For the folks of Old Lancaster Road, tomorrow’s Board vote on the maintenance & storage building, will affect them greatly — the size and scope of the construction project, increased storm water issues, traffic concerns, etc. etc. For the TESD taxpayers, the Board’s decision to move forward with the project, will mean millions of dollars.

      1. I have long suspected that decisions on issues are made before committee meetings commence.

        I get the feeling that committee meetings and the citizens who attend them are considered nothing more than unwanted inconveniences to a process where decisions are really made behind closed doors. Citizen comments often treated as unwelcome, unworthy intrusions to the board who ask little to no questions to the Admin. and do everything they can to stay isolated from the citizenry itself.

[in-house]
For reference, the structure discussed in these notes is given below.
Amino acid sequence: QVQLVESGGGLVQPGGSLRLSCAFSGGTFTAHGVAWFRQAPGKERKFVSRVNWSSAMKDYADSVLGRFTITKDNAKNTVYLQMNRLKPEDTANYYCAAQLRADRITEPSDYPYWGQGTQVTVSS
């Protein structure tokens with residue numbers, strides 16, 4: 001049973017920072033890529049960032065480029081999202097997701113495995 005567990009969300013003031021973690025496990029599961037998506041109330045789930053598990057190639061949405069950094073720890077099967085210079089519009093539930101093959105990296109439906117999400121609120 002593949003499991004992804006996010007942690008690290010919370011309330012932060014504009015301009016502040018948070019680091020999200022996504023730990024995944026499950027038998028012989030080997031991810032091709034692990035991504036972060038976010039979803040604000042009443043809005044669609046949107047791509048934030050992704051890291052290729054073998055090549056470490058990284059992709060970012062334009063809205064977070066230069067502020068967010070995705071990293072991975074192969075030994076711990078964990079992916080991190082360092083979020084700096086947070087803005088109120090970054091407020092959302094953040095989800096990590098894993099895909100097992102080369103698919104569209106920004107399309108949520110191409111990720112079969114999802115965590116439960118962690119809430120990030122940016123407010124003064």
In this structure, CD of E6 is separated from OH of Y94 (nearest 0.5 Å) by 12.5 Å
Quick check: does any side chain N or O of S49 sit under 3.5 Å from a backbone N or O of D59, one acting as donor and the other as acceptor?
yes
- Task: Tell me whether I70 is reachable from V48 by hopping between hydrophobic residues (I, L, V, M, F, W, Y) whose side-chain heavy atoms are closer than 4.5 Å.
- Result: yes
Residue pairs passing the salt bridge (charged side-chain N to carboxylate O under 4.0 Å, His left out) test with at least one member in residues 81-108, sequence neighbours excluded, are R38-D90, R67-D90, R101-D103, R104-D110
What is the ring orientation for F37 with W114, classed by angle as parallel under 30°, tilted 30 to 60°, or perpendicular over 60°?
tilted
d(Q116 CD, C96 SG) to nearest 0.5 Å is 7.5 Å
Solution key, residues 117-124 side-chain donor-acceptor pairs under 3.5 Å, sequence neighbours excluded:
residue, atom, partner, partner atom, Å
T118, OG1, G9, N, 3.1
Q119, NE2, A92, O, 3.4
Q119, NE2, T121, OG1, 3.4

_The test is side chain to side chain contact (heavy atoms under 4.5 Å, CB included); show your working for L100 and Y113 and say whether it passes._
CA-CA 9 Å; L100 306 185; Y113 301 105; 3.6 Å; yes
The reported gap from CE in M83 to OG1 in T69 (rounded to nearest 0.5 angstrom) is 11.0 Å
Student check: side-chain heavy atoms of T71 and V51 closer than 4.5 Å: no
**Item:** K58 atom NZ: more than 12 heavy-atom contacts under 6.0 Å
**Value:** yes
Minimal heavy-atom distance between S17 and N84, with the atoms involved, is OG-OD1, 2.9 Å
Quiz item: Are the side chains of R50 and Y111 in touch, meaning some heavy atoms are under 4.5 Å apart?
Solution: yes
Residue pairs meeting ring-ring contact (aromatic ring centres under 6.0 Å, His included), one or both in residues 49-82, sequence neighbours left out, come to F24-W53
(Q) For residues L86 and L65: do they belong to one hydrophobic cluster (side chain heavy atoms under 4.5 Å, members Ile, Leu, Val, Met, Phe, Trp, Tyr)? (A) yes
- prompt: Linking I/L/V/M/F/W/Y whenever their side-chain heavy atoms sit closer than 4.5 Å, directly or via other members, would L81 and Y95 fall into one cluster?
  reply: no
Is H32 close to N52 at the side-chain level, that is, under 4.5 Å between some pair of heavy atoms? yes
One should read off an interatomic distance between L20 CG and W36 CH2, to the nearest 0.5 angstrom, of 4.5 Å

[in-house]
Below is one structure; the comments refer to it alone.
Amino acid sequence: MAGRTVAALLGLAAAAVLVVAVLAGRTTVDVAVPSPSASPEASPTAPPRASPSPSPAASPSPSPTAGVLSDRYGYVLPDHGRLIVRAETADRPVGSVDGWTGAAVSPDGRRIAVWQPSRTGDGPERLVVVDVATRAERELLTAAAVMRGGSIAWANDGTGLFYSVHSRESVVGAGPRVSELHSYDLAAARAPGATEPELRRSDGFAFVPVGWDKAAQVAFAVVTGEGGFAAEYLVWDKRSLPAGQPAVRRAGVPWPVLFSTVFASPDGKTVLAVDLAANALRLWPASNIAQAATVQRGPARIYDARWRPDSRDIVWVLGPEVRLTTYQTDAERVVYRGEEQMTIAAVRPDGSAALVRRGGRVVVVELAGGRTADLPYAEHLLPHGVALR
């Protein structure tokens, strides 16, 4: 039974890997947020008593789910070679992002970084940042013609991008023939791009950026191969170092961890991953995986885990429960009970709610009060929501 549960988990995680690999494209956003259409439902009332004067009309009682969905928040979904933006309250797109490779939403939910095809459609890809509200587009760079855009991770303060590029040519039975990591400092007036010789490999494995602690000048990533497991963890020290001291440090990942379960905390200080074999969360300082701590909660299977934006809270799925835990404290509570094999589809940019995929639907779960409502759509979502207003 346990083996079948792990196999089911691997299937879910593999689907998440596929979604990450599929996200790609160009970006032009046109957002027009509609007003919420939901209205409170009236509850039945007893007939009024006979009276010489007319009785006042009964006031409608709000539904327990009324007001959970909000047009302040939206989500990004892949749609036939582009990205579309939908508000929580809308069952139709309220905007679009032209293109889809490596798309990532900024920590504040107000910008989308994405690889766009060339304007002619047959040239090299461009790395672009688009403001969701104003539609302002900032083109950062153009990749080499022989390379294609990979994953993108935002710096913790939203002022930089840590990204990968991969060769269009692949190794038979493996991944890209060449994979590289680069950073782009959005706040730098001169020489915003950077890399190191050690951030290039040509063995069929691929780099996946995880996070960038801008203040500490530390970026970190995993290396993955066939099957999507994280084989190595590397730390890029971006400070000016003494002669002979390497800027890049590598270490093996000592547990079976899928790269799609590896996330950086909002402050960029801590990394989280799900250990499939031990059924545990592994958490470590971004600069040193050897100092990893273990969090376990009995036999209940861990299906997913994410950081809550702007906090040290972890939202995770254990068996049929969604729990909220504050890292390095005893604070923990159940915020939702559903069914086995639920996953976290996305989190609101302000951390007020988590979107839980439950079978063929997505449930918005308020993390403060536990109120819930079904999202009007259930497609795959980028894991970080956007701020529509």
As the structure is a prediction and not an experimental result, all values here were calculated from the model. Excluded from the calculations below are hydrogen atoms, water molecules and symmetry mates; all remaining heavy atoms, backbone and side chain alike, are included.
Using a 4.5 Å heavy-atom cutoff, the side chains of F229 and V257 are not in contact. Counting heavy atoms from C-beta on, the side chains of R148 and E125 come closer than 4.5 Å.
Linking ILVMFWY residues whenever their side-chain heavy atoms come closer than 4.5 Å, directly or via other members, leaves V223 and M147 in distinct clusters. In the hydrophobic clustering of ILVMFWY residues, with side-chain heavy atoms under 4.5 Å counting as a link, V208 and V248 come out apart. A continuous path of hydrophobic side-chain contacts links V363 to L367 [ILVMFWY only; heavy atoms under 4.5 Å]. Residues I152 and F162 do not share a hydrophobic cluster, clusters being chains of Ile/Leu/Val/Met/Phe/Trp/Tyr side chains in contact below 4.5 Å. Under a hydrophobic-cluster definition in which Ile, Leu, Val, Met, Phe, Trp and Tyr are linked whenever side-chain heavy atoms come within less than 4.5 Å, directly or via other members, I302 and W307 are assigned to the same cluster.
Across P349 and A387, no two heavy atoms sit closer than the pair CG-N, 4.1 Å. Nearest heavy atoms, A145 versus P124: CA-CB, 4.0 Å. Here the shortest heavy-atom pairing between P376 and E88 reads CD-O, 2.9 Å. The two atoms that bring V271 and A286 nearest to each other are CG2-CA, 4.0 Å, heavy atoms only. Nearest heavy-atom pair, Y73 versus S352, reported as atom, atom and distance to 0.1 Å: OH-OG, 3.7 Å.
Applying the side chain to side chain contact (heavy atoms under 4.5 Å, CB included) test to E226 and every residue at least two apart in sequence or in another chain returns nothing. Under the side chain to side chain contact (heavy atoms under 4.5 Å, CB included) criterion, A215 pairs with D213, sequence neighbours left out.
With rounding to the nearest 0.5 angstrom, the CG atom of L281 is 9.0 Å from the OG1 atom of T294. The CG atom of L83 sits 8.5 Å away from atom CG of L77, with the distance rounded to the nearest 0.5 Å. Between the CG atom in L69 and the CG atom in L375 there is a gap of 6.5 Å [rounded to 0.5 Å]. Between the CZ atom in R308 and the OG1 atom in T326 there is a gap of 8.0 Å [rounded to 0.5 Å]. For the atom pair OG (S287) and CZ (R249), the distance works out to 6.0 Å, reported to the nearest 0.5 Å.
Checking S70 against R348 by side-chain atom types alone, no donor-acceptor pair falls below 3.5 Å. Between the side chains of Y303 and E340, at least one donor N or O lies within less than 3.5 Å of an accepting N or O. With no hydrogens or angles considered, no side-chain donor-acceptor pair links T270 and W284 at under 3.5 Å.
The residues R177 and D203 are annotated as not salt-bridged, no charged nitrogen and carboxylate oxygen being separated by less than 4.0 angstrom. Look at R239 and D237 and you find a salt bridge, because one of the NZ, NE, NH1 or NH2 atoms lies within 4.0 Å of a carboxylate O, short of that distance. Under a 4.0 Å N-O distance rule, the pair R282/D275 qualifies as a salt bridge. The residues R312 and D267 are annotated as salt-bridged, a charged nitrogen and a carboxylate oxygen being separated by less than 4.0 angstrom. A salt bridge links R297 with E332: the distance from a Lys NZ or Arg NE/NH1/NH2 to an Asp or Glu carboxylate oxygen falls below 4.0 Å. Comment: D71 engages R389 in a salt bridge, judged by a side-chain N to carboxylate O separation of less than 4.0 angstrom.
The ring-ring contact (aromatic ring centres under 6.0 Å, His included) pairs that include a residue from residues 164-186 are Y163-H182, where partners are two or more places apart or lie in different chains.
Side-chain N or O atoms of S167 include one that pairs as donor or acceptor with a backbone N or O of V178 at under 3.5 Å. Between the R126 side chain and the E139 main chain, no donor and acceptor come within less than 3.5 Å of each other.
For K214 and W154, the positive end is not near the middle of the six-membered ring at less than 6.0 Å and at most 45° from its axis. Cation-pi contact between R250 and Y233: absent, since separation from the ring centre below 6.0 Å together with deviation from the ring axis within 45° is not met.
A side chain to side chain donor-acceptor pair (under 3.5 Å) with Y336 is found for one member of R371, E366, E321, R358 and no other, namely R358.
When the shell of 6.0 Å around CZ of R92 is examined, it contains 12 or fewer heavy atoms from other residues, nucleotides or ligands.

8. I’m sorry that my first comment launched right into the maintenance building without first recognizing the absurdity of the latest flailing over fences in the Kris Graham re-election campaign. Pattye’s post and all the comments here are right on.

    Here’s an “equalized mills” statistic from today’s paper. In the last five years, the tax bill for the median-priced home in T/E has increased by $706, and that ranks us #3 highest among all 53 suburban Philadelphia school districts. We don’t hear the Board touting that ranking! The only consolation is that we’re not Lower Merion, at $1,030.

    Of course there are forces like PSERS “outside our control”, but how about doing something about the things like new Admin hire salaries, fences, maintenance buildings and unnecessary debt that are within our control? Those could be/have been addressed right now, while also laying the groundwork with the long term planning needed to manage contracted expenses.